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Old 04-15-2016, 11:39 AM
 
6,969 posts, read 3,932,914 times
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Quote:
Originally Posted by boater1 View Post
A relative worked for 35 years at same company
worked last 10 "working from home", within a team of people working from home around the country.
Off-site Boss called one day and gave the "You have done a fantastic job but we want you to go" speech, and they retired him.

Had to ship his laptop and company docs back ASAP.
No warning, just "see ya"

then 2 weeks later corporate called him and said, being he was there 35 years, he was eligible for a 35 year anniversary party.
He could invite whoever he wanted, budget was $2000

He invited all his non-company friends, relatives and family and had a huge party on them. spent every bit of the $2000

Sounds like he made the best out of an otherwise rather sad ending to a 35 year career!
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Old 04-15-2016, 11:55 AM
 
10,487 posts, read 9,453,135 times
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Quote:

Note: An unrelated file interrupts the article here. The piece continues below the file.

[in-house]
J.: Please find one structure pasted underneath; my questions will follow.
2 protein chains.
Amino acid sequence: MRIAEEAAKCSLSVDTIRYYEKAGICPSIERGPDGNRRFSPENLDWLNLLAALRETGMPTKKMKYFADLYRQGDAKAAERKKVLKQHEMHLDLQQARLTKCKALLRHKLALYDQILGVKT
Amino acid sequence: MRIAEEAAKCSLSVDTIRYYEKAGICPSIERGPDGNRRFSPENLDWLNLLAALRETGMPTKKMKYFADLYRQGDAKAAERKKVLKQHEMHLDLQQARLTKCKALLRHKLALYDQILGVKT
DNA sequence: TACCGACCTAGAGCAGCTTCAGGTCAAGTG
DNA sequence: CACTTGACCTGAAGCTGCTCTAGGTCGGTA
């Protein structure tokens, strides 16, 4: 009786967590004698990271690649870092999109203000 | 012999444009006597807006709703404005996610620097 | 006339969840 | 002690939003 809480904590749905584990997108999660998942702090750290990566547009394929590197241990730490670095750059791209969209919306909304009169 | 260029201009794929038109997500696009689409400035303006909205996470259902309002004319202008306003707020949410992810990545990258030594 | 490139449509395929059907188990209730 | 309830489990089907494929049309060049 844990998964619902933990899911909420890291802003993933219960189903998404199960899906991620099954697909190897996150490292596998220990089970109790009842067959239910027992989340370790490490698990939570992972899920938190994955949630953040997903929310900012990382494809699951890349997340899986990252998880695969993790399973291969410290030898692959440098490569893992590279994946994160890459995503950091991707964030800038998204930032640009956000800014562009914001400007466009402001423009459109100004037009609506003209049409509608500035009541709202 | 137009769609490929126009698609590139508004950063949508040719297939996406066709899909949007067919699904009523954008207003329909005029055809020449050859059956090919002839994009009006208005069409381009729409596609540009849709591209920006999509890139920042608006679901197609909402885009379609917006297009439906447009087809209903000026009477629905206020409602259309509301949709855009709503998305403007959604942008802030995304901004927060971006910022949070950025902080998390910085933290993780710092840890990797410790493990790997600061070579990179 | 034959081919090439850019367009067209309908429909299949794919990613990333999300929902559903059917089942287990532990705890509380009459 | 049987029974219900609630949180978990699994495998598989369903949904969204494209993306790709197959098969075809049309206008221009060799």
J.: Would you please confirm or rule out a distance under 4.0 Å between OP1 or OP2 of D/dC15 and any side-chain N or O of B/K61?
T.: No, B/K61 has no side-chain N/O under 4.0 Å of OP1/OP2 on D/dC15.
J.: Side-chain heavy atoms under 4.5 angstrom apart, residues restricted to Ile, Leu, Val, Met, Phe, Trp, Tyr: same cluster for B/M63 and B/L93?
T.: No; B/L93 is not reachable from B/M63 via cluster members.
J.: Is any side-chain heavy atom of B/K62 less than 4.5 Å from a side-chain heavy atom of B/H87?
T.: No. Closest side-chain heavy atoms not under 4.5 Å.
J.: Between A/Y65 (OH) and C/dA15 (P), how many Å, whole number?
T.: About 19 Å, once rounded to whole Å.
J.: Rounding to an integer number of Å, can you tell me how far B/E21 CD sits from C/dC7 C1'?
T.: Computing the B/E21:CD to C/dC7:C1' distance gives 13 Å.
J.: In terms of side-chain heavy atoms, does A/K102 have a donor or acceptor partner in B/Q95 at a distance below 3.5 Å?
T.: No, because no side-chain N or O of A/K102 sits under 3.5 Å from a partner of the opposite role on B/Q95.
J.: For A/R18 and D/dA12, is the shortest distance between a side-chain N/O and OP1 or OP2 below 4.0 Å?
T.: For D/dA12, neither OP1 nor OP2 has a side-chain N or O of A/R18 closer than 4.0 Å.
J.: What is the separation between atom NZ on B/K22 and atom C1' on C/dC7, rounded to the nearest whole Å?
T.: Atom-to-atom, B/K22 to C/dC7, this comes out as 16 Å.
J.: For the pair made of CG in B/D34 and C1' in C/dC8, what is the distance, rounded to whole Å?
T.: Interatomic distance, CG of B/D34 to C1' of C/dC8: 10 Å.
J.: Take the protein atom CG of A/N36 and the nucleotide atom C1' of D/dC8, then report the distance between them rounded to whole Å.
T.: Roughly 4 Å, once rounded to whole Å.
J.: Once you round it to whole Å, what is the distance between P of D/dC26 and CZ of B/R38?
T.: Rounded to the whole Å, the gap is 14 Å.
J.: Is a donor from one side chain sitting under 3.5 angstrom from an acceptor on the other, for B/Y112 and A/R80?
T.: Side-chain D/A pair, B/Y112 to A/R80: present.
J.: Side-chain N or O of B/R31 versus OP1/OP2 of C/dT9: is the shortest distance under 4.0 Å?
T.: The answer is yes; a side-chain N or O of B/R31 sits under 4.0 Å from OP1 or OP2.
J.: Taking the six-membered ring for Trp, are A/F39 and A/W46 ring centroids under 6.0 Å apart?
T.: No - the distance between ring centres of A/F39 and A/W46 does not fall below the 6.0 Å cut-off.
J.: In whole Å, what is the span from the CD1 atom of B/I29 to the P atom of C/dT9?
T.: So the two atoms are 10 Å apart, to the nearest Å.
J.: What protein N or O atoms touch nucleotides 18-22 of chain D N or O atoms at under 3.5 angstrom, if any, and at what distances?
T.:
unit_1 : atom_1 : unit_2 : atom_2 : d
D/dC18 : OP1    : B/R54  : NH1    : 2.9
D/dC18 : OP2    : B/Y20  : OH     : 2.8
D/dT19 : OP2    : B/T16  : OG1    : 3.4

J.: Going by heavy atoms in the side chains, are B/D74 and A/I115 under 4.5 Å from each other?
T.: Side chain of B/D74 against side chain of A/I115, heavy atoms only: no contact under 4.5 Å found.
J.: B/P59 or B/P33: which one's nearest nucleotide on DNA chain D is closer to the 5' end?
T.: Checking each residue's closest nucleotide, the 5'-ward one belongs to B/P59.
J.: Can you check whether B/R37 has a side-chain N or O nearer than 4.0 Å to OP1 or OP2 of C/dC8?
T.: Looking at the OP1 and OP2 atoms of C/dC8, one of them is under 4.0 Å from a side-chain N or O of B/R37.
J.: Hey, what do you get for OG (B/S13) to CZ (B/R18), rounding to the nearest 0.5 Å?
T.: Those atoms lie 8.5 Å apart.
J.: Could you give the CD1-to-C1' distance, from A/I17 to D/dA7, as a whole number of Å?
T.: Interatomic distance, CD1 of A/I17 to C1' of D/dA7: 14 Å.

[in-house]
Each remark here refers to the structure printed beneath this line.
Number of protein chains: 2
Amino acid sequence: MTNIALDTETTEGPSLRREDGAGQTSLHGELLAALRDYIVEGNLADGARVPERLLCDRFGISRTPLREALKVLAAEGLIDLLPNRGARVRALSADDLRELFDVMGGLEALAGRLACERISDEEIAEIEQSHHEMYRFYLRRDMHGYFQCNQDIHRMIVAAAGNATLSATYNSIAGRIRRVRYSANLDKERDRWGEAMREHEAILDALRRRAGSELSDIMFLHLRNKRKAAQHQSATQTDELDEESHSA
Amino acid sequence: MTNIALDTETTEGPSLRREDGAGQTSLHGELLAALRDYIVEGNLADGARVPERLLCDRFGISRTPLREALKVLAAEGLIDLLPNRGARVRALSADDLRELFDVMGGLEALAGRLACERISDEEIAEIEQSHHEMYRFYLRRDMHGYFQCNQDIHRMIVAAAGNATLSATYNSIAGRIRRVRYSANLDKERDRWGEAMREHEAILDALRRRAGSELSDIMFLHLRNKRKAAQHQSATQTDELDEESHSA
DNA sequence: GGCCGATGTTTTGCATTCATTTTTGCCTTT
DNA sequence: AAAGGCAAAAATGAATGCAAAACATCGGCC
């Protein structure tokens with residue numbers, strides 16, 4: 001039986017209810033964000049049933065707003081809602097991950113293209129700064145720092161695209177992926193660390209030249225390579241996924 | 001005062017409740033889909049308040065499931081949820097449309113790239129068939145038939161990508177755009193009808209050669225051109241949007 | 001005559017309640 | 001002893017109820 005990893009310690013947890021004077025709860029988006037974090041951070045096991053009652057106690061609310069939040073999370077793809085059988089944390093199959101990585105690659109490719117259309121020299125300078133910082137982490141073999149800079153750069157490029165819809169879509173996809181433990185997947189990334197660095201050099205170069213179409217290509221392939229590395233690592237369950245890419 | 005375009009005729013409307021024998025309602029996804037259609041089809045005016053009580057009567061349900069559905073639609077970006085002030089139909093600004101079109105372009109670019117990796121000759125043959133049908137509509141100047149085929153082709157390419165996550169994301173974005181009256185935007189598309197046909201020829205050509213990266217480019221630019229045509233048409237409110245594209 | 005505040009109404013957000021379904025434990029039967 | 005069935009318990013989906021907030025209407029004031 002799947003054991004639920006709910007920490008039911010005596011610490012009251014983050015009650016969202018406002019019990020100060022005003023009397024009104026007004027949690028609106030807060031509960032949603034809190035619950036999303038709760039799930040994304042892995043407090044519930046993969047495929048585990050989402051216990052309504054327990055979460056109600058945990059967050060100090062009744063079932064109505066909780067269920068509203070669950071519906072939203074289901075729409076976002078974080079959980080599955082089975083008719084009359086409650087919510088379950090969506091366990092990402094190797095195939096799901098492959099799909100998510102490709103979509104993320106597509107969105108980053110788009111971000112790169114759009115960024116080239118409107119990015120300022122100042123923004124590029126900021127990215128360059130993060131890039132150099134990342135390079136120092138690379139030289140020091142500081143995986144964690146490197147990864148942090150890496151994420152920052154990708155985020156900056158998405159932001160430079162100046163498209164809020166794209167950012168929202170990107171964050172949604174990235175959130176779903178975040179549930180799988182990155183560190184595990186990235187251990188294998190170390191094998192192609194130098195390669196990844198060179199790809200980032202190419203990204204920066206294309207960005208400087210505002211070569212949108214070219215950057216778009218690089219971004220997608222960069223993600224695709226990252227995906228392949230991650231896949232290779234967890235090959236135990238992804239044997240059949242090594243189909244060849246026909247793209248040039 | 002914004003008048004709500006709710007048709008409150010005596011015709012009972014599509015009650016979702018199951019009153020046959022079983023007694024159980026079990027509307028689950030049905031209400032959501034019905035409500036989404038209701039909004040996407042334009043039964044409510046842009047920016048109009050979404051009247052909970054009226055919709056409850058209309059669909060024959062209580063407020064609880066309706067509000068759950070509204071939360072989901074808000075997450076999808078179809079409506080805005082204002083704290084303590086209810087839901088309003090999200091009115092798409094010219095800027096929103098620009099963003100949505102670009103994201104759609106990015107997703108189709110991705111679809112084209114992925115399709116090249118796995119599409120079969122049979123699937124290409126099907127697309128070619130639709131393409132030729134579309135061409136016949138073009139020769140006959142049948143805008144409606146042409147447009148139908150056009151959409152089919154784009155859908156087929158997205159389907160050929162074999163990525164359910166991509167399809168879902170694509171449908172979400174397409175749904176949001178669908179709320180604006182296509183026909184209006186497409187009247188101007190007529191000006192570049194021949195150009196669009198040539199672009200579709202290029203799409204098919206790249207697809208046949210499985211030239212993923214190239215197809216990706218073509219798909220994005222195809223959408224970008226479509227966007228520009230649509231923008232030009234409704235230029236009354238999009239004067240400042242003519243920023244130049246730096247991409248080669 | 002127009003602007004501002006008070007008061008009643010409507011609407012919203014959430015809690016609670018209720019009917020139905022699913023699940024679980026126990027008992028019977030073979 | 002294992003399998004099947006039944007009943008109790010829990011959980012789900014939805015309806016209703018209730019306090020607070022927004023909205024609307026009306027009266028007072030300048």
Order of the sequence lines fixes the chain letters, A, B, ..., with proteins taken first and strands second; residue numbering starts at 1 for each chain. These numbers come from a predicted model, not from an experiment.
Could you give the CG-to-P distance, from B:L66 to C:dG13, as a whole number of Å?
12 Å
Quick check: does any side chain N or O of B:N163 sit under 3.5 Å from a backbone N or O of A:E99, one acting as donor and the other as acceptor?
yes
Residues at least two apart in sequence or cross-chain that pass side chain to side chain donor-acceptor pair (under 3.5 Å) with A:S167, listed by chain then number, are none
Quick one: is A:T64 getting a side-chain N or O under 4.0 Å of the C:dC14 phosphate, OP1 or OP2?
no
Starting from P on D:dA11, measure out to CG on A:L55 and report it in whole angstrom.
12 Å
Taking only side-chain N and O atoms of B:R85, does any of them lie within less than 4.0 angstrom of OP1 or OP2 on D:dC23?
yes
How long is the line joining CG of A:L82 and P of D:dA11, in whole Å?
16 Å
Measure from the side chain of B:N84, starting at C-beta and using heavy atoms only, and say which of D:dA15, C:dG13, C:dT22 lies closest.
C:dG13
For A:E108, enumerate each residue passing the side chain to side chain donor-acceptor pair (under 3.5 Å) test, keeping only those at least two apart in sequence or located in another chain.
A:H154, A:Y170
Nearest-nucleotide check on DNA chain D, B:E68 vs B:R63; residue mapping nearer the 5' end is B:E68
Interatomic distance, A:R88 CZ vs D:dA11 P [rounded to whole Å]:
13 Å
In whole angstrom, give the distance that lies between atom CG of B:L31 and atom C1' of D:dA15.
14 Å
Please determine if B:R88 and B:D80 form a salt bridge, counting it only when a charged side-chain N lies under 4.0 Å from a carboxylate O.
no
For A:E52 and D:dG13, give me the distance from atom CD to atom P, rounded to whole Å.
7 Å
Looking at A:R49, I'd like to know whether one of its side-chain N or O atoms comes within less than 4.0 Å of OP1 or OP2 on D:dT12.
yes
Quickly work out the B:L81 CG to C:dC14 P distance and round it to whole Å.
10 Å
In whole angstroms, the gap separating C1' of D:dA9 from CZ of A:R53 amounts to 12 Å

Originally Posted by augiedogie View Post
I'm kind of surprised nobody ran out the door on the last day, threw off their tie or uniform or bra and yelled, I'm free, I'm free, Thank God almighty I'm free at last". Boy, old people sure are dull. lol Nobody even gave a little jab or pushed back a little against a boss or coworker that was PIA. I would have thought someone would have walked past a former coworkers desk and said, "bye A**hole" .
That would have been fun but I'm a believer of 'never burning one's bridges'. I certainly never want to go back to work but if my financial situation required it, I would do it. Leaving dirty tracks may come back to haunt you.
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Old 04-15-2016, 12:14 PM
 
Location: Saint Johns, FL
1,197 posts, read 951,158 times
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I agree. No need to leave an impression you were a jerk. If they want to they want to throw a little celebration on company time, attend the party. When it's time to go, thank them and walk away with a smile.

Be the bigger person.
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Old 04-15-2016, 12:29 PM
 
Location: CO
2,455 posts, read 2,643,653 times
Reputation: 5199
These stories are great! I, too, did not want a retirement party and was assured it would be low key. Ha! It was a huge bash but I have to say I was flattered that they went to so much trouble. I'd been there 25 years.